The video footage, obtained by the Charleston Post and Courier, shows the end of the confrontation between the two men on Saturday.
The FBI has opened a civil rights investigation into the incident. The Scott family also said on Tuesday night that they will be filing a civil lawsuit. They were unhappy at the way the police department sought to defend the police officer until the video was unveiled and praised the person who took the footage for coming forward.
Here’s what you need to know about Scott and the police shooting:
1. The Officer Shot Scott 5 Times in the Back as Scott Ran Away
Slager is shown on the video opening fire as Scott starts to run away from him.
With Scott about 10 feet away, Slager draws his gun and fires seven times in quick succession. He pauses briefly and shoots one more time as his target staggers and slumps to the grass.
The officer can be heard on the tape yelling at the fallen Scott: “Put your hands behind your back.”
According to the Charleston Post and Courier, Scott died at the scene. The coroner’s office said in a statement that Scott was shot five times, according to Scott’s family.
2. Scott Was Wanted for Back Child Support & Was Afraid of Going to Jail
Charleston County Sheriff’s Major Eric Watson said on Tuesday that Scott was wanted for arrest on a Family Court warrant.
Chris Stewart, a lawyer representing Scott’s family, indicated that the warrant, for back child support, prompted Scott to run away from Slager after Slager pulled him over because of a broken taillight.
”He has four children; he doesn’t have some type of big violent past or arrest record,” Stewart told the New York Times. “He had a job; he was engaged. He had back child support and didn’t want to go to jail for back child support.”
Scott was driving a Mercedes Benz when he was stopped by Slager because of the broken taillight, police said. When Scott tried to run away, he was chased by the officer into a grassy knoll, where there was a struggle and Slager fired his stun gun.
Video shows Scott then running away and Slager shooting him in the back eight times after he’d gotten away.
The Supreme Court has ruled that an officer may use deadly force against a fleeing suspect only when there is probable cause that he “poses a significant threat of death or serious physical injury to the officer or others.”
Dispatch audio, which you can listen to above, captured the incident, which begins at about the 7:30 mark of the 30-minute recording as Slager calls in a traffic stop.
Slager can be heard at about the 10:35 mark of the recording calling dispatch to announce he’s in a foot chase, describing the suspect as black in a green shirt and blue pants. The dispatcher then repeats his description and calls for radio silence other than transmissions related to the chase.
At about 11:05 of the recording, another officer says he’s in route to join the chase. Slager then tells the other officers of his new location and can be overheard telling someone to “get down on the ground.”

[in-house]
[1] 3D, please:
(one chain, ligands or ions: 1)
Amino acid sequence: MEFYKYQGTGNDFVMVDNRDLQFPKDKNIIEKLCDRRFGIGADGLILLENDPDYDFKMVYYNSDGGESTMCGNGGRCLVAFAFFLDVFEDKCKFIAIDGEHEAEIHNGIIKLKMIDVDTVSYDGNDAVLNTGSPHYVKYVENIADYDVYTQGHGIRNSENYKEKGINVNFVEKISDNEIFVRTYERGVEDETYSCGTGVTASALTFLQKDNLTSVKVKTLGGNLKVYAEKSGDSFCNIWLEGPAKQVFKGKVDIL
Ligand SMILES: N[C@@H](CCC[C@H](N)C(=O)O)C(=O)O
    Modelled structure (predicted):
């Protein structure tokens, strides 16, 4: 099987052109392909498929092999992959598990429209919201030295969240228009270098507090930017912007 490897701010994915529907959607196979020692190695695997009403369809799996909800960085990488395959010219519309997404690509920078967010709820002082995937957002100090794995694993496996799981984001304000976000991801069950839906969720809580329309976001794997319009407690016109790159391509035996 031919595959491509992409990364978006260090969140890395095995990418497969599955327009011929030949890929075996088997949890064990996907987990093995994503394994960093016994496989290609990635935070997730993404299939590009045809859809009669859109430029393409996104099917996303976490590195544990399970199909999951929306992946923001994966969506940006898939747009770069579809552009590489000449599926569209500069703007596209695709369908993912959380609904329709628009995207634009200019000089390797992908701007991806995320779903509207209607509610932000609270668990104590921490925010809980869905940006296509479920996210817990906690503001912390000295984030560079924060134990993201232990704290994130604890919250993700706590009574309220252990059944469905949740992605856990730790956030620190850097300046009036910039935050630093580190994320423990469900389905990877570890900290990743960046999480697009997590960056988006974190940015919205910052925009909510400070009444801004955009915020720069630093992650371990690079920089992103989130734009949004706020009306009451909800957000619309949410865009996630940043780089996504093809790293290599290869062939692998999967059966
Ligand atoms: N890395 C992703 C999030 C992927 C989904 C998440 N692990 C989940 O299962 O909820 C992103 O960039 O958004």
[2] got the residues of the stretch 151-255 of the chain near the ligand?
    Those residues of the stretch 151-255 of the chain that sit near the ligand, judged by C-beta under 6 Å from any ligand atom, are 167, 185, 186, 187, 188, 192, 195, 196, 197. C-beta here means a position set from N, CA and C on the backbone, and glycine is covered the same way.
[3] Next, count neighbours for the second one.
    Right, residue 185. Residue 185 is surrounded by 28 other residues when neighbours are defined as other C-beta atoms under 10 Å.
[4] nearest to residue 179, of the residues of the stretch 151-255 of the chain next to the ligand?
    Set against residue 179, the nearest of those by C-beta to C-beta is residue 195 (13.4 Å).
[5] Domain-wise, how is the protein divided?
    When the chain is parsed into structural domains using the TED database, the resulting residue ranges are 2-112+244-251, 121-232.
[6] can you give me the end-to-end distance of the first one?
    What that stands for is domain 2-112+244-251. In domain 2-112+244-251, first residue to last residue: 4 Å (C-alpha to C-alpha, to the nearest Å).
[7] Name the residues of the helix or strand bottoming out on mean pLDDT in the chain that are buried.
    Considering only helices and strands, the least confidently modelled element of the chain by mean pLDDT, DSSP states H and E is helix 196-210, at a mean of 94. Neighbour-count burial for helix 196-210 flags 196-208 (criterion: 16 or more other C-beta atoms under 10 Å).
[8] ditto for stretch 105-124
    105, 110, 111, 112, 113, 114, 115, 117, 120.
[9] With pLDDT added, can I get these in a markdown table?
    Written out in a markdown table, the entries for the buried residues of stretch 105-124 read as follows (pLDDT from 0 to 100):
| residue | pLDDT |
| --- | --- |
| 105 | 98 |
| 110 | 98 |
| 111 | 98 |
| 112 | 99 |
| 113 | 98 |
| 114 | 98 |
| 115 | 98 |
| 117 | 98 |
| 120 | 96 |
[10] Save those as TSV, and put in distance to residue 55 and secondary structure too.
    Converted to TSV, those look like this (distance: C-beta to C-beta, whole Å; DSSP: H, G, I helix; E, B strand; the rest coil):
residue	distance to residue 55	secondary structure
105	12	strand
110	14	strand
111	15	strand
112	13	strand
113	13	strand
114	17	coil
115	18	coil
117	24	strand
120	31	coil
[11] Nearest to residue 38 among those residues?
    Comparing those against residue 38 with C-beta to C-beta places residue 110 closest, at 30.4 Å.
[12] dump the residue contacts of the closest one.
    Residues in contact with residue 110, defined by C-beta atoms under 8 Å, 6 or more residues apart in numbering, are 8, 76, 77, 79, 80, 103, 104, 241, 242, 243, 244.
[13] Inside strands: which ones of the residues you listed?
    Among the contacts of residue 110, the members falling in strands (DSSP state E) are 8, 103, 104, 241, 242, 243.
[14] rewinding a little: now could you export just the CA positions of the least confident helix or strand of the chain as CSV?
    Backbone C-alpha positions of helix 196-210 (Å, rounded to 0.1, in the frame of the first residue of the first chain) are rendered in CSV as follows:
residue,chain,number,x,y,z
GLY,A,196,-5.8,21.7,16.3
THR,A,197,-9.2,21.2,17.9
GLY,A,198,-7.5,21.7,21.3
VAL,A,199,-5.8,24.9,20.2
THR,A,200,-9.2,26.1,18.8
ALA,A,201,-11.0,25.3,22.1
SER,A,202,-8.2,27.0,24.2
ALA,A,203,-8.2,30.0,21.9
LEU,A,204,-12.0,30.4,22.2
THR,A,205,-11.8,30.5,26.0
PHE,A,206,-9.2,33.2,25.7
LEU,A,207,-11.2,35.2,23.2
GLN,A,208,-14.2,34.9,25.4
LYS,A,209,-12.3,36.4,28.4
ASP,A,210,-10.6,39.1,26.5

At 12:27 (9:38 a.m.), as the other officers try to find Slager, he says, “shots fired. Subject is down. He grabbed my Taser.”
Slager then says a minute later that he needs his vehicle secured. He says the suspect has gun shot wounds to the chest, thigh and buttocks and is unresponsive. He tells the dispatcher the scene, behind a pawn shop in a field, is secure.
Another officer then arrives and confirms the injuries to the victim. He then begins to provide first aid, including chest compressions. An EMS unit arrives at the scene at about the 19:43 mark of the tape, about six minutes after Slager called in the shooting.
3. Scott Was a Father of 4 & Coast Guard Veteran
Scott was a father of four who served in the Coast Guard for four years in the 1980s, according to the Los Angeles Times.
Anthony Scott, Walter’s brother, told the Washington Post: “All we wanted was the truth, and through the process we’ve received the truth. I don’t think that all police officers are bad cops, but there are some bad ones out there.”
Anthony Scott said he last saw his brother three weeks ago at a family oyster roast. “We hadn’t hung out like that in such a long time,” Scott said in an interview with the Times. “He kept on saying over and over again how great it was.”
4. The Officer Said he Felt ‘Threatened’ by Scott
Slager said he feared for his life because Scott took his Taser gun in a scuffle after he was pulled over in a traffic stop on Saturday, reported the New York Times.
However, Slager’s account was called into question after the video taken by a passer-by appears to show him shooting Scott in the back.
Wires, which carry the stun gun’s electrical current, appear to be attached to Scott’s clothing as he starts to run.
“When you’re wrong, you’re wrong,” Mayor Keith Summey said of the shooting during a news conference. “And if you make a bad decision, don’t care if you’re behind the shield or just a citizen on the street, you have to live by that decision.”
5. The Only Accusation of Violence Against Scott Was a 1987 Assault & Battery Charge
Scott had been arrested about 10 times, reported the Charleston Post and Courier but mostly for failure to pay child support or failure to show up in court.
He was arrested in 1987 on an assault and battery charge and convicted in 1991 of possession of a bludgeon.